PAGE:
However, generalized anxiety is no laughing matter. The feelings of dread and effects of losing sleep over worry can lead to irritability and even depression.
The Anxiety and Depression Association of America (ADAA) claims that Generalized Anxiety Disorder (GAD), characterized by persistent and excessive worry about a variety of things, is affecting 6.8 million adults, roughly 3.1% of the entire population of the U.S.
In order to help get it under control, one should understand the neurobiological sources of anxiety. It is only natural to try to understand the fountainhead of anxiety and worry as symptoms begin to surface. Sometimes when the source is identified an anxious individual may begin to make statements such as, “This is ridiculous,” or “I should not be letting myself worry about this.”
Even though this self-talk may be a positive helpful way to combat anxiety, the brain is actively seeking for things to worry about against personal control. Anxiety affects the brain automatically, scanning one’s surroundings or circumstances for sources of worry. Once identified, the body tends to react to a source, producing symptoms of anxiety.
Individuals bodies may react in different ways to anxiety or worry, however, there is a general reaction of fear similar to when a person faces a threat or potential danger. This is similar to when you are watching a suspenseful or scary movie.
The senses associated with the brain are scanning all the information received and the body is reacting to chemicals that the brain releases, producing symptoms such as a tight stomach, clammy hands, and accelerated breathing. This can happen to someone experiencing anxiety or constant worry. When these feelings are experienced over long periods of time there is a risk of developing chronic tension and stress.
Managing Anxiety Symptoms Well
Anxiety symptoms be differentiated into three groups, with three corresponding ways to deal with the symptoms. Group one includes the physical stimulation that can result in panic. Group two involves dread, tension, and stress. Group three centers around brooding worry.
The remainder of this article will deal with the use of Body Management to combat the symptoms of group one.
Fighting Panic with Body Management
Panic attacks stimulate your body in such a way that you experience accelerated pulse rate, shortness of breath, tingling, and dizziness. When these symptoms come without warning they can both frustrate and terrify the anxious individual. Panic attacks are not the only physical symptom, however, but shoulder, neck, and jaw tension, as well as a hollow feeling in your stomach, or even outright stomach pain, can also occur.
Taking care of the body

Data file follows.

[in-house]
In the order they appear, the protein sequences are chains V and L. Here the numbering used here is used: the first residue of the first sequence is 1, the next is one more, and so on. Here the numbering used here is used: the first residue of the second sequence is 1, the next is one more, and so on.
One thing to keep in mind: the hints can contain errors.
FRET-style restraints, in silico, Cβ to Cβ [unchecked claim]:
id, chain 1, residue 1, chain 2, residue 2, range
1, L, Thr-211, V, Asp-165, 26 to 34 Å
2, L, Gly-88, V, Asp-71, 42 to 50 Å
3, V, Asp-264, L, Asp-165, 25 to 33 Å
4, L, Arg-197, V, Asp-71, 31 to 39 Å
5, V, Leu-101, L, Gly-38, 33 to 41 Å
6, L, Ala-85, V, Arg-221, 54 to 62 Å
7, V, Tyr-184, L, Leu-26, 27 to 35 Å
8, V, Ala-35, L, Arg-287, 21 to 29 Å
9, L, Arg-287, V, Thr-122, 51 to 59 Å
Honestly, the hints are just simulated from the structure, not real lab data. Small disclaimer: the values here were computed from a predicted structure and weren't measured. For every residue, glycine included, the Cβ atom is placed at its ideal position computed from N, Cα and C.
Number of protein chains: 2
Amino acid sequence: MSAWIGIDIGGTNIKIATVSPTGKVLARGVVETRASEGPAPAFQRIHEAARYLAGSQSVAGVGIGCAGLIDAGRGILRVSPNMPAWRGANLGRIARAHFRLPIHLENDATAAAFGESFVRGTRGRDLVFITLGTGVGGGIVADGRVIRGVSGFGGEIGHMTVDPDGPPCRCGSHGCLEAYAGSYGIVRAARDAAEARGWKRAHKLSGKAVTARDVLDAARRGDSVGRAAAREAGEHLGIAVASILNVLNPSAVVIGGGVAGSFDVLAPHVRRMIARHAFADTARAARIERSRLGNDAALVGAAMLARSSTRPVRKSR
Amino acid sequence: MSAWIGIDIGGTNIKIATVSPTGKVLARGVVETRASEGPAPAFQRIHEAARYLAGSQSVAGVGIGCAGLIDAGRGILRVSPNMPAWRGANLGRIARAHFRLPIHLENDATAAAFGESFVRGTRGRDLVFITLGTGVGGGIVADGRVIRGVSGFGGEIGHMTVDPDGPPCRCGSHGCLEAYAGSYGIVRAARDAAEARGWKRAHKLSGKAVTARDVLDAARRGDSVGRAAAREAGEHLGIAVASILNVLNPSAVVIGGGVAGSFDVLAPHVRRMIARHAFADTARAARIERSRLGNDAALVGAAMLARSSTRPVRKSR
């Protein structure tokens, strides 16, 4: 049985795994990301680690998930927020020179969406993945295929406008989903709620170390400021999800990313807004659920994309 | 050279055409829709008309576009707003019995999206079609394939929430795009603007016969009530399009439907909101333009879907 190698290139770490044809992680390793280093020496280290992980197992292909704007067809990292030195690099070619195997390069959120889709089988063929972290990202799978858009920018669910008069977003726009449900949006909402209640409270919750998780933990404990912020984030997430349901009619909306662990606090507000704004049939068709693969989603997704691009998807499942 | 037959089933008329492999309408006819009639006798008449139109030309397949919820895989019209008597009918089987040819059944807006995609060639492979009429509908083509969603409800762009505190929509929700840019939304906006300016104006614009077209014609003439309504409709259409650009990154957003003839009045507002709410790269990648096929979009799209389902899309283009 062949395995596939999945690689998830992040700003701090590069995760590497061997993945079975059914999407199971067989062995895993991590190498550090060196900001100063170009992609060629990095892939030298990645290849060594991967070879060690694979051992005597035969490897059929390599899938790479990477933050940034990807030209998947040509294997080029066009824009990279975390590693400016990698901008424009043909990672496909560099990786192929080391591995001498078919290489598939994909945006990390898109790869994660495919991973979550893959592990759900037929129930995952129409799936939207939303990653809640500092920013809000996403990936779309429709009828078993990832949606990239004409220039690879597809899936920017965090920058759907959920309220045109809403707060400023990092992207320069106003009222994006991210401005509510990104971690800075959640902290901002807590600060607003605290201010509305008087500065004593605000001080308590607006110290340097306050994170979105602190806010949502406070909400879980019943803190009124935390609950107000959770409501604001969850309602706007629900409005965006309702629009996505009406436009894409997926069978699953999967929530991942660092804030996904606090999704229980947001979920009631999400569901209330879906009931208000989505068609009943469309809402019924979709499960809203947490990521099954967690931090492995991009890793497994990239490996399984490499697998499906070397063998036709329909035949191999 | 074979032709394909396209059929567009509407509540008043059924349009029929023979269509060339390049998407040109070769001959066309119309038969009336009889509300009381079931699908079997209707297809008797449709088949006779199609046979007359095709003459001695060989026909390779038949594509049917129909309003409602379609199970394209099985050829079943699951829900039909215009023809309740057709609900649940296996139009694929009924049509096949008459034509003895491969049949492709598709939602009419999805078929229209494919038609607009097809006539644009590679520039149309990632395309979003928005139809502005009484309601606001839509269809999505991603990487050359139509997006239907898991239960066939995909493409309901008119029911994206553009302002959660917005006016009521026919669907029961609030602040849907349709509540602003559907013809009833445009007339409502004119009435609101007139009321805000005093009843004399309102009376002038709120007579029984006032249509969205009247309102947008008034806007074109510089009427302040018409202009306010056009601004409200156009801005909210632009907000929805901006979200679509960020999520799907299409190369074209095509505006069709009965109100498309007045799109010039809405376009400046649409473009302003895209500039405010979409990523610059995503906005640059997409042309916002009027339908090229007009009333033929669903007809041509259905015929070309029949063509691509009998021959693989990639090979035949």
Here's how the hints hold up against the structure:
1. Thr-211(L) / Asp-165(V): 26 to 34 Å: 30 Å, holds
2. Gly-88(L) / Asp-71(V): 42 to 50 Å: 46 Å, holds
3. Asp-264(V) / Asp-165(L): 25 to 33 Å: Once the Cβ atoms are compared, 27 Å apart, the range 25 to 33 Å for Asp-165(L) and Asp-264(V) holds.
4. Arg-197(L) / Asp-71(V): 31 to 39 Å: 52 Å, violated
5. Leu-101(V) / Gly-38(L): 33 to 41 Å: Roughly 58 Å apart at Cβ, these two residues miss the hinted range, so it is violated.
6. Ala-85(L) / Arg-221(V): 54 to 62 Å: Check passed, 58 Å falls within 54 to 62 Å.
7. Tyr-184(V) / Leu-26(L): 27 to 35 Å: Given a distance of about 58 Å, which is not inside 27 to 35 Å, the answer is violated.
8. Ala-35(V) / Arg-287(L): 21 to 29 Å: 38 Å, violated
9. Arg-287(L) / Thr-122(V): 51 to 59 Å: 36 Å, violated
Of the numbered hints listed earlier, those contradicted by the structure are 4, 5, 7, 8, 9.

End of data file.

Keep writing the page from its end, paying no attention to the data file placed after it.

Physical solutions are typically used to combat physical symptoms. The first step toward regaining control of an anxiety disorder is to take control of the body. This may be accomplished in several ways. The first, and most important is the general maintenance of your body and your health.
Physical exercise, a healthy diet, and enough sleep are important areas for preventing anxiety symptoms. The use of caffeine or alcohol can cause the body to enter an anxiously aroused state, as well as insufficient sleep and lack of exercise.
Diaphragmatic breathing is a deeper type of breathing that creates a sense of calm and a restful attitude in the body. The more you practice controlling your breathing, the more your body will adjust to being in a state of calm.
It is helpful to learn deep breathing techniques and incorporate them into everyday life, especially when you suffer from anxiety symptoms. Using diaphragmatic breathing can put a complete stop to the stress symptoms.
The practice of mindful awareness is a third way to bring your body under control. Physical symptoms can be so acute that you are unable to focus on anything else. This leads to the ruminating fear and anxious feelings. Mindful awareness can help shift your thoughts from your body to your environment and thus regain control of your body.
Refocus your attention away from the anxiety symptoms to your body’s basic physiology – the way your breathing feels, your heartbeat, how your stomach feels, etc. Next, shift attention to your senses – sounds, smells, or what you can feel on your skin, the room ambiance, the wind on your face, the smell of flowers, etc.
As these actions are performed you will begin to feel that you are in control of your body and can overcome your symptoms. You develop the skill of being present in the moment, disregarding the persistent anxious thoughts or lack of bodily control.
“Portrait,” courtesy of Remy Loz, unsplash.com, CC0 License; “Stressed,” courtesy of Macdongtran, pixabay.com, CC0 License; “Yoga”, Courtesy of Bruce Mars, Unsplash.com, CC0 License; “Time to Think,” courtesy of Enrico, Flickr Creative Commons